Frustration with global institutions begets parallelism

Remember the BRICS plan to establish a separate multilateral development bank? Now they may be discussing their very own monetary fund. Russia’s deputy finance minister suggested that a parallel institution might be in the offing if the IMF doesn’t quickly enact promised reforms. Via Bloomberg: The BRICS group of emerging-market economies may set up an ...

By , a professor at Indiana University’s Hamilton Lugar School of Global and International Studies.
ROBERTO STUCKERT FILHO/AFP/GettyImages
ROBERTO STUCKERT FILHO/AFP/GettyImages
ROBERTO STUCKERT FILHO/AFP/GettyImages

Remember the BRICS plan to establish a separate multilateral development bank? Now they may be discussing their very own monetary fund. Russia's deputy finance minister suggested that a parallel institution might be in the offing if the IMF doesn't quickly enact promised reforms. Via Bloomberg:

The BRICS group of emerging-market economies may set up an anti-crisis fund if their demand for a greater say in the International Monetary Fund is rebuffed, said Russian Deputy Finance Minister Sergei Storchak.China and Russia, holders of the world’s biggest and fourth-largest currency reserves, and the other three BRICS nations have agreed on a system of currency swaps that could later be succeeded by an anti-crisis fund, Storchak told reporters on his way back from Los Cabos, Mexico....

“Practical steps will depend largely on the extent to which the BRICS’ position will be taken on board concerning the allocation of new quotas” in the IMF, he said. “BRICS states have reached a level of development that gives them the right to insist on getting their interests respected.”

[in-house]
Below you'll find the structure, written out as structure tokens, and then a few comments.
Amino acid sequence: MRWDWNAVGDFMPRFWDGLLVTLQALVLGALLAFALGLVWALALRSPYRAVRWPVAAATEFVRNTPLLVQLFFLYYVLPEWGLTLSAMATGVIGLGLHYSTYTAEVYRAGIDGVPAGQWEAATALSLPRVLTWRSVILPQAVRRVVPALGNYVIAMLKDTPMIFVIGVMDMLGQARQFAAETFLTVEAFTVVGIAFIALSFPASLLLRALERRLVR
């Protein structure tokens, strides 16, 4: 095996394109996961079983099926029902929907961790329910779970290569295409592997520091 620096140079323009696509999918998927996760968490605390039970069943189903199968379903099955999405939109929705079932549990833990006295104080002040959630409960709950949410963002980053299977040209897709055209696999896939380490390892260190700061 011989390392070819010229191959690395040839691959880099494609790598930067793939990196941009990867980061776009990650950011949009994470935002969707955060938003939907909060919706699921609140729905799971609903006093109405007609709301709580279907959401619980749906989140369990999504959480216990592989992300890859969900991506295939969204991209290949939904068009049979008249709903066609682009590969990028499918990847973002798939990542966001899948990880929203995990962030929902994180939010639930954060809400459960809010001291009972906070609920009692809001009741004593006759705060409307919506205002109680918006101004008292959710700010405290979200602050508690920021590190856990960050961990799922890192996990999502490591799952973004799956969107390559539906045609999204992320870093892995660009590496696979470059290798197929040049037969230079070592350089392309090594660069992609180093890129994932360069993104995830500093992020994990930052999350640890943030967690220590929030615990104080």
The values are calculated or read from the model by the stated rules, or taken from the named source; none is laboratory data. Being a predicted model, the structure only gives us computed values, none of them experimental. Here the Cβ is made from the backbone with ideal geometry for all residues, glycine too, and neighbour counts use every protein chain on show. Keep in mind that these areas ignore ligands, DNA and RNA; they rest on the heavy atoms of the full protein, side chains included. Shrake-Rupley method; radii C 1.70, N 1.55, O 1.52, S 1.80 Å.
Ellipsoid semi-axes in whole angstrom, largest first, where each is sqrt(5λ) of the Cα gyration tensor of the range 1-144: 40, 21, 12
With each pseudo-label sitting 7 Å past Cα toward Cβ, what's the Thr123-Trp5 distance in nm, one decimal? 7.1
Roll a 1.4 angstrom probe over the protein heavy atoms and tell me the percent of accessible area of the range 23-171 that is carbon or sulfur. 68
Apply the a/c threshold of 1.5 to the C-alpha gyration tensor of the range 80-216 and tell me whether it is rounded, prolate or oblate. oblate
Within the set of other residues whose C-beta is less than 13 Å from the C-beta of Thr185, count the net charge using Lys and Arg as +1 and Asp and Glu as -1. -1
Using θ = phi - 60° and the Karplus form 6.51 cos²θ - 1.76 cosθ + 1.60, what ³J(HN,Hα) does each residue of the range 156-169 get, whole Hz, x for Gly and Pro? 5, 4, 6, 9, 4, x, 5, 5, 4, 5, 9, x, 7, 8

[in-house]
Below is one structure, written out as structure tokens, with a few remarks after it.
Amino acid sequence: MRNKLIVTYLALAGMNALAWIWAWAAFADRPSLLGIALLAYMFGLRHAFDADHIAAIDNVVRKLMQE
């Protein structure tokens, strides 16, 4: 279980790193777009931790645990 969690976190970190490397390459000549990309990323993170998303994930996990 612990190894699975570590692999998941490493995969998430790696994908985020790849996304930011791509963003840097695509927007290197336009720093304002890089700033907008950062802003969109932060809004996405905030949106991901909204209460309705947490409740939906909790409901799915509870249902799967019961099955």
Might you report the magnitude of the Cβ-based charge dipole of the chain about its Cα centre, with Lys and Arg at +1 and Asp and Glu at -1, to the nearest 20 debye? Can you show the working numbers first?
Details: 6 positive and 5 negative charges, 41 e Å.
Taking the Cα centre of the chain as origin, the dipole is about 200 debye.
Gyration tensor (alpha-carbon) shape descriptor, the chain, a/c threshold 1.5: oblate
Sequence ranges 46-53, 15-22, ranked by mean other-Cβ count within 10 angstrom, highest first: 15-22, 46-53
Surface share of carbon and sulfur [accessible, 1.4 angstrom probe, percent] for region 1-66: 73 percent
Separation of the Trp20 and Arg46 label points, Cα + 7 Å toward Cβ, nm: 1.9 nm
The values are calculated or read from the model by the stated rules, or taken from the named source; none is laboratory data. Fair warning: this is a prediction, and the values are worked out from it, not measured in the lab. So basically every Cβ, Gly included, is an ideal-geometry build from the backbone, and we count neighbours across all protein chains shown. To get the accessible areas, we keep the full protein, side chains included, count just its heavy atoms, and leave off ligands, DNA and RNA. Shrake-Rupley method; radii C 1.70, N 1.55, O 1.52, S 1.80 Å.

Remember the BRICS plan to establish a separate multilateral development bank? Now they may be discussing their very own monetary fund. Russia’s deputy finance minister suggested that a parallel institution might be in the offing if the IMF doesn’t quickly enact promised reforms. Via Bloomberg:

The BRICS group of emerging-market economies may set up an anti-crisis fund if their demand for a greater say in the International Monetary Fund is rebuffed, said Russian Deputy Finance Minister Sergei Storchak.China and Russia, holders of the world’s biggest and fourth-largest currency reserves, and the other three BRICS nations have agreed on a system of currency swaps that could later be succeeded by an anti-crisis fund, Storchak told reporters on his way back from Los Cabos, Mexico….

“Practical steps will depend largely on the extent to which the BRICS’ position will be taken on board concerning the allocation of new quotas” in the IMF, he said. “BRICS states have reached a level of development that gives them the right to insist on getting their interests respected.”

The new BRICS anti-crisis fund would function as a “parallel” mechanism that would show there is alternative source of financial support to the IMF, Storchak said.

The BRICS aren’t the only collection of states touting the value of less-than-global multilateralism. This report suggests that the African Union may move forward with plans to launch a regional criminal court, in large part because of frustration with the ICC.

David Bosco is a professor at Indiana University’s Hamilton Lugar School of Global and International Studies. He is the author of The Poseidon Project: The Struggle to Govern the World’s Oceans. Twitter: @multilateralist

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